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Old 04-07-2008, 06:48 PM  
ToolGuy
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Default Leveling a basement slab...

Basement slabs are never completely level, as anyone setting large tiles on one is sure to find out. I used over 10 bags of Jiff-Set on my most recent basement tile job, just filling the dips as best I could. But the tile really needed a perfectly flat surface, as the edges had no bevel at all (cut square) and the grout lines were only 1/16". I did the best I could with what I had, but still ended up with a lot of edges sticking up. So the question is, if you really need to get the basement slab perfectly flat, how would you accomplish it?



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Old 04-07-2008, 09:35 PM  
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Basement slabs are never completely level, as anyone setting large tiles on one is sure to find out. I used over 10 bags of Jiff-Set on my most recent basement tile job, just filling the dips as best I could. But the tile really needed a perfectly flat surface, as the edges had no bevel at all (cut square) and the grout lines were only 1/16". I did the best I could with what I had, but still ended up with a lot of edges sticking up. So the question is, if you really need to get the basement slab perfectly flat, how would you accomplish it?
Thats a big problem for most people that dont set tile day in and day out. Self levelers like you used is the way to go. After that I would suggest using a large notched trowel. 1/2 inch square notch is nice for this but you need to make sure the thinset isnt mixed to thin or youll find the tile will settle. With rectified edges like the tile you used, you can use a marble thinset. The gritty mixture will reduce or totally hault settling all together.
I once did 500 square feet of marble on a slab that the homeowner didnt want to level. The slab in some rooms dipped 5/8 from the center of the room to the corner. The room being 10x10 ! It took forever to get right, we used 1/2 inch trowels and in some cases used a 1/4 inch trowel to "butter" the back of tile to float it and create that flat "glassy" look. Ill try to find the pics of that one.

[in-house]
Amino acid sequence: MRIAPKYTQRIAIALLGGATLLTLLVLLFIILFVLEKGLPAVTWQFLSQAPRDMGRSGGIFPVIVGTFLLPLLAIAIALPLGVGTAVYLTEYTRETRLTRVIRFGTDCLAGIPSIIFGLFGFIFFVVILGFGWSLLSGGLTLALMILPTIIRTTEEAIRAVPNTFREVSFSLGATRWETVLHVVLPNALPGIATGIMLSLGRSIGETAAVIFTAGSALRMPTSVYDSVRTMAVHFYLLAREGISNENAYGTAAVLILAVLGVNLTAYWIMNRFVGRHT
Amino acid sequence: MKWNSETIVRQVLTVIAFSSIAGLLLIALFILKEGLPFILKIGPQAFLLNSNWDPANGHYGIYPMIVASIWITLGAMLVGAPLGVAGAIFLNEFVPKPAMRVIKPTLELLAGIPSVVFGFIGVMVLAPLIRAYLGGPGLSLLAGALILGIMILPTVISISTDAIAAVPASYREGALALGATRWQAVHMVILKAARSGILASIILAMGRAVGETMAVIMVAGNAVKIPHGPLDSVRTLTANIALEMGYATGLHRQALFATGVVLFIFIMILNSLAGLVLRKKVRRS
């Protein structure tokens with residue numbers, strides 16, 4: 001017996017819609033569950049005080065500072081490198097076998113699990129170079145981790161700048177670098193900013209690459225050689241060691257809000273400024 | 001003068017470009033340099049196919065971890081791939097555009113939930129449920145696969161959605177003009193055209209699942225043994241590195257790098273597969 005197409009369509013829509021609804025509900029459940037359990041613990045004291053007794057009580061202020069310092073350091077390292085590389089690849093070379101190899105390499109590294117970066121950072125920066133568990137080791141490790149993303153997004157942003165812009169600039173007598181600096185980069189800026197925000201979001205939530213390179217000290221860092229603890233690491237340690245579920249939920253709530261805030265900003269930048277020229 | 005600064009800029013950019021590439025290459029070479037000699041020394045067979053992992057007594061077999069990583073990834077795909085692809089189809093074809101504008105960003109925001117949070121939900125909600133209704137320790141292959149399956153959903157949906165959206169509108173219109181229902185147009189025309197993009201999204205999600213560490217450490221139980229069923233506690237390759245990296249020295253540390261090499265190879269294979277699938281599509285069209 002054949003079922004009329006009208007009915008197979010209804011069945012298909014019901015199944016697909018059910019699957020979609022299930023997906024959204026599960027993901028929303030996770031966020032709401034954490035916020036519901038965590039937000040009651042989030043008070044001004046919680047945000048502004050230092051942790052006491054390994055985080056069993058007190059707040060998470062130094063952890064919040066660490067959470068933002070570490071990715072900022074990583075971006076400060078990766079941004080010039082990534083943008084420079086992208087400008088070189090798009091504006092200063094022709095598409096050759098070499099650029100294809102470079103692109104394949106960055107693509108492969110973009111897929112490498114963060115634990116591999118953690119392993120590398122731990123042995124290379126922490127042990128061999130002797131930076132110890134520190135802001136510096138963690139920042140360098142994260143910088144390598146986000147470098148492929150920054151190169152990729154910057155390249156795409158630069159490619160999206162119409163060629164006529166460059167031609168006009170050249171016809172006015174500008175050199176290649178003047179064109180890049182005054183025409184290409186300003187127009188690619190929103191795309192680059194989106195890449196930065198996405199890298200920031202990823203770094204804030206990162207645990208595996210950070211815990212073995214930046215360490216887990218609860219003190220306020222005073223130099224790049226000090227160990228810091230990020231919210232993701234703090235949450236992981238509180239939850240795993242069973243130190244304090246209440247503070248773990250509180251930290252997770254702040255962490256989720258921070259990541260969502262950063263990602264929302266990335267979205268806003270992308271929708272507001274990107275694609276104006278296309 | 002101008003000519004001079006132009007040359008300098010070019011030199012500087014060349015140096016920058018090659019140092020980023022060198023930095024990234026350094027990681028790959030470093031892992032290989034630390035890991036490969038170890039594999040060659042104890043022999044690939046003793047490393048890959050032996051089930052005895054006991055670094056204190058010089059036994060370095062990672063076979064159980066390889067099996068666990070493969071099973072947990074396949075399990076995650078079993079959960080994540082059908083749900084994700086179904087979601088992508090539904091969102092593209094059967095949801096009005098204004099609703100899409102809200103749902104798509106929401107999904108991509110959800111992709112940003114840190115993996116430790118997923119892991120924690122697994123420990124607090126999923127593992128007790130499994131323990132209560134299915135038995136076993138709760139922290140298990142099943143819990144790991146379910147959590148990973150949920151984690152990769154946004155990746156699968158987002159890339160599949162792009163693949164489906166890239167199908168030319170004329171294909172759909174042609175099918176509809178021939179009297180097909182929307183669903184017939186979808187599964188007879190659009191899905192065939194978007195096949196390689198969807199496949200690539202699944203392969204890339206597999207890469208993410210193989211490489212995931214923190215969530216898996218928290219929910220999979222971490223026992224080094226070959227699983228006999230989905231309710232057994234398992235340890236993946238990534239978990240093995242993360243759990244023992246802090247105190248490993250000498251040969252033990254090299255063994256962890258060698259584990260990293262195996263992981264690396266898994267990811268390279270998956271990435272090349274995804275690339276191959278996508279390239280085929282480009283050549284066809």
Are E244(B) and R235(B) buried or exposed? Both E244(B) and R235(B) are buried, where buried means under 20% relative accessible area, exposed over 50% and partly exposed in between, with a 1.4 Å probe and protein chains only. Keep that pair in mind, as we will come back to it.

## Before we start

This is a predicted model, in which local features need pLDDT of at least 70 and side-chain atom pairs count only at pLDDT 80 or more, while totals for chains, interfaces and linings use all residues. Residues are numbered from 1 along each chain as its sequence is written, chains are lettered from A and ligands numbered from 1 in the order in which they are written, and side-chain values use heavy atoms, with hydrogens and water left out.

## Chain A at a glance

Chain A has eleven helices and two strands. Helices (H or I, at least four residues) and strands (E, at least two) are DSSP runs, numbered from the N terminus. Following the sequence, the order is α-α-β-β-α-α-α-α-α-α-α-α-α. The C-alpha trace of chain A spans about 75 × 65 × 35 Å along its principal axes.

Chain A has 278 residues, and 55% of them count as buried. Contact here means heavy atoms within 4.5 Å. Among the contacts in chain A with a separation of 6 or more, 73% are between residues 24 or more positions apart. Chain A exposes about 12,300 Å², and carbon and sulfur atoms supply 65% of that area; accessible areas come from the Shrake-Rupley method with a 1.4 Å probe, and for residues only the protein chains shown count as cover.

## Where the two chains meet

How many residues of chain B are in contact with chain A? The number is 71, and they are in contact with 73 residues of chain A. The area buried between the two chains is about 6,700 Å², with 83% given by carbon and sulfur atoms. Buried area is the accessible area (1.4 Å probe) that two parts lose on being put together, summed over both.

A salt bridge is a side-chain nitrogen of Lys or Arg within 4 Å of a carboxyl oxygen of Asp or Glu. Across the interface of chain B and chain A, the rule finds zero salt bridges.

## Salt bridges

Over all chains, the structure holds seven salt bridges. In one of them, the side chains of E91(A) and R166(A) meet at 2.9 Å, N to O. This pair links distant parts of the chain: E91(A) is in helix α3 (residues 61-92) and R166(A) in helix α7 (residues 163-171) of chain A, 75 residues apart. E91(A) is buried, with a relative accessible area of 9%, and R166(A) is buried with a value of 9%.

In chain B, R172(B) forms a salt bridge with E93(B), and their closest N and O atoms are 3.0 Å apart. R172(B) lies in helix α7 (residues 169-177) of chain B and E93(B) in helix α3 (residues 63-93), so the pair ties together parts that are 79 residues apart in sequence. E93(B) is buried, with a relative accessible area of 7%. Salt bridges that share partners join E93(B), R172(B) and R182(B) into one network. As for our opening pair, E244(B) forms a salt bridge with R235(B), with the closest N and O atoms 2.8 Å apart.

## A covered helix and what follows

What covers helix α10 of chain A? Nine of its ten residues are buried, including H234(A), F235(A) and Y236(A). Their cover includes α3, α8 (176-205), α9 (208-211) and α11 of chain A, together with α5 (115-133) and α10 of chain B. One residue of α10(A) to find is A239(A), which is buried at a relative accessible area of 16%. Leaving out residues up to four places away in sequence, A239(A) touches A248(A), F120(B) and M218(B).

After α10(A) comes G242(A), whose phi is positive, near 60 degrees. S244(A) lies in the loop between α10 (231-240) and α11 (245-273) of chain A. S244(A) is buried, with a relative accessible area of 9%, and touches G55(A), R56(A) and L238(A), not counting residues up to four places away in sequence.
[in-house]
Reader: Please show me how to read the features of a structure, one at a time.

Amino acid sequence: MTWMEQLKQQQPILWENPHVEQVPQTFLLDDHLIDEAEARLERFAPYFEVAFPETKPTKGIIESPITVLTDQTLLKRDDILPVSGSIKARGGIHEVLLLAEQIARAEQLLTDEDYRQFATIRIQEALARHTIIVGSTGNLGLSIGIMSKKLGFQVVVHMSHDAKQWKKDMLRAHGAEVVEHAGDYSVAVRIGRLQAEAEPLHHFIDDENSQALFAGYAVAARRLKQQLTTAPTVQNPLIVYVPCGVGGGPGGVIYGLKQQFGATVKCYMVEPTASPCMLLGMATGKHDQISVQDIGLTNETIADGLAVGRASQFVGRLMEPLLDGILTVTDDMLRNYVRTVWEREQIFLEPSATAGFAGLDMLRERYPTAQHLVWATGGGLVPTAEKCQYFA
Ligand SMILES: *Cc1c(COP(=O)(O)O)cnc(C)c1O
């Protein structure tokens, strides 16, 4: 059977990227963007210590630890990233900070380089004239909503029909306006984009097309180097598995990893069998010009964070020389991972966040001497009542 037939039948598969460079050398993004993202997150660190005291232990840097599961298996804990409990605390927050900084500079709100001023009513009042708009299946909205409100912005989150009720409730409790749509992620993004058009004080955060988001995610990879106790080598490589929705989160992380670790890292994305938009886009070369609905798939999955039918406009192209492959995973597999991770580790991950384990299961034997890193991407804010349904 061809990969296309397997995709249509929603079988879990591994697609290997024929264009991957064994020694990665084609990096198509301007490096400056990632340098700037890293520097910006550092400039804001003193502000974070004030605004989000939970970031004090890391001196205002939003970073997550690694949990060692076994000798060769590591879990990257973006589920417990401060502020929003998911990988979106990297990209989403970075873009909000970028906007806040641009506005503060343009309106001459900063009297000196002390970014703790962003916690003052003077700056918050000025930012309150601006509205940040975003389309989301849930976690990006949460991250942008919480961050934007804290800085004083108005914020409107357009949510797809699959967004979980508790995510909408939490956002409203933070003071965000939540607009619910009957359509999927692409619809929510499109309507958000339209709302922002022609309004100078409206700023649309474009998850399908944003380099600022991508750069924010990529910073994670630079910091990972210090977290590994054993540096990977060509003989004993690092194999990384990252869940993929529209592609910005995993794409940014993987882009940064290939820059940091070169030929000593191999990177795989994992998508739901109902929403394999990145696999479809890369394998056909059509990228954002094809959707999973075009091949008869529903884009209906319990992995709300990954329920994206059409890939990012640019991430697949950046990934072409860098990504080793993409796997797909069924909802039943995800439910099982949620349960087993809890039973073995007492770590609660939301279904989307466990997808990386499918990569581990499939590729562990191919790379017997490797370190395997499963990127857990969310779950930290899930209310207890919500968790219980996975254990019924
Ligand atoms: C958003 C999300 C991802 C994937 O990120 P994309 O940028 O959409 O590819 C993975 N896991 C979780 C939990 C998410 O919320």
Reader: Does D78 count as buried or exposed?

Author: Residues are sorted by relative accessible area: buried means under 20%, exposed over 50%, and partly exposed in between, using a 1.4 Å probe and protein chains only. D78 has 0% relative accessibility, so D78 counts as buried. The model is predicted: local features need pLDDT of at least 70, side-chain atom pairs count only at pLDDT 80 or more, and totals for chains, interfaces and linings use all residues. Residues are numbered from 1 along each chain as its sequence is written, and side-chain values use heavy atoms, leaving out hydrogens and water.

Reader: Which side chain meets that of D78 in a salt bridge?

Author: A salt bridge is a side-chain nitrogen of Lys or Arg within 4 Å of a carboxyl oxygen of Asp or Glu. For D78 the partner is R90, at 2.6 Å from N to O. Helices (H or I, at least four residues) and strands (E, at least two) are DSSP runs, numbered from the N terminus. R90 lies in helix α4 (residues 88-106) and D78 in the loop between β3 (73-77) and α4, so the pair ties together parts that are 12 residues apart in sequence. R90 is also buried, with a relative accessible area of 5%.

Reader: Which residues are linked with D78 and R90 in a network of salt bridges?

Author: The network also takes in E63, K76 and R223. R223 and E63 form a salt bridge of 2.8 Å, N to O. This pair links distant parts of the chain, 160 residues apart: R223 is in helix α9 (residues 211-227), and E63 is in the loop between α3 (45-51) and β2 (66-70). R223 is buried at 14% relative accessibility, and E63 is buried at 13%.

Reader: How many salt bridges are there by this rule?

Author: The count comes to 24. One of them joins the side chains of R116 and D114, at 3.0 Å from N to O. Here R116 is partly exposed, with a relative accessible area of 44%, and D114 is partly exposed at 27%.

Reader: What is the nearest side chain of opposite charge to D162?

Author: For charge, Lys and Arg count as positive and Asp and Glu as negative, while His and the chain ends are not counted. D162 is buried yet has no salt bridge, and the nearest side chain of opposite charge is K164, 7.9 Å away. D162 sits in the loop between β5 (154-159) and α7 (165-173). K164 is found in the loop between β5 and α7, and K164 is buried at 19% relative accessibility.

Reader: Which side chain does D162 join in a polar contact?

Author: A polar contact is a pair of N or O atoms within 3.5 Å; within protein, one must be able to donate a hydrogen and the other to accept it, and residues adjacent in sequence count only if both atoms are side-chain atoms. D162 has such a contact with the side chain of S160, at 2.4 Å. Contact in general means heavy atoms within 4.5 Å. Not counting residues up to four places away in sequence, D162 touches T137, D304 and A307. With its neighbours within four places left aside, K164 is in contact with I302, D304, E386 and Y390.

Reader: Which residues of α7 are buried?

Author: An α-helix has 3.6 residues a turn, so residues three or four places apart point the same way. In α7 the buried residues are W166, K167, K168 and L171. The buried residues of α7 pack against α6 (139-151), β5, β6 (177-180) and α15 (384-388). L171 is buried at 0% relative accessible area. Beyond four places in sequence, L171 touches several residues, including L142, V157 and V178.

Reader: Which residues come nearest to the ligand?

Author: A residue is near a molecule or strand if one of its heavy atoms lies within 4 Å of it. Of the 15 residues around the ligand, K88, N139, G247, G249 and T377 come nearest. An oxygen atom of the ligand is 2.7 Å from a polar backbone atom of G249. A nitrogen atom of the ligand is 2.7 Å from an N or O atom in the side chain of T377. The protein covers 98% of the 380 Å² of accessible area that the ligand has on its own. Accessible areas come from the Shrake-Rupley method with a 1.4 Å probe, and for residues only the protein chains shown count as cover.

If the floor is as bad as the one I tiled, I would suggest leveling it from one end to the other.


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Old 04-07-2008, 10:35 PM  
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The job is already done, but there will be a next time to be sure. I used a 1/2 notch and had to butter some tiles to get 'em even. The customer is exstatic with the finished floor, but my trained eye is not satisfied. Of course, I keep that to myself. I spent 2 days filling the slab and it still wasn't flat enough for these tiles, or my rather high standards. Maybe next time I just have to spend 3 days filling.

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Old 04-10-2008, 03:13 PM  
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I've run into this a few times. For slight out of level situations, I do what both of you have done: 1/2" notch to get max flexibility when setting the tiles.

I have also had situations where the out of level was too much to correct with a big notch trowel, so I dammed the area and leveled it before I set the tile.

With a 1/16" grout line, it's going to be difficult any way you do it. My bathroom floor has narrow grout lines and there's absolutely NO margin for error with marble tile. I've got some ridges.

Wider grout lines work out better, but don't look right with some tile/marble.

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Old 04-11-2008, 07:23 AM  
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Default we sub out tile,,,

as gc's but do dec conc enhancements ourselves,,, residential flatness is always suspect,,, you might consider gypsum self-leveling mixes but downside's the owners rarely go for the long $$$ as most h/o's are cheap.

when we run into this work, we either use scarifiers & grinders to level OR we don't take the work.

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Old 04-14-2008, 04:47 PM  
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You could have pumped out Self Leveling Compound and had a perfectly flat, and level surface to tile over.

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Old 07-27-2008, 12:13 PM  
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I have this issue with a downstairs bathroom with concrete slab subfloor. It's surely out of level, just looking at it with the naked eye you can tell. We're going to lay 16x16 tiles.

Can someone give me some more specific tips on using this self-leveling stuff?

Brands? Techniques? Other tips?


Thanks!



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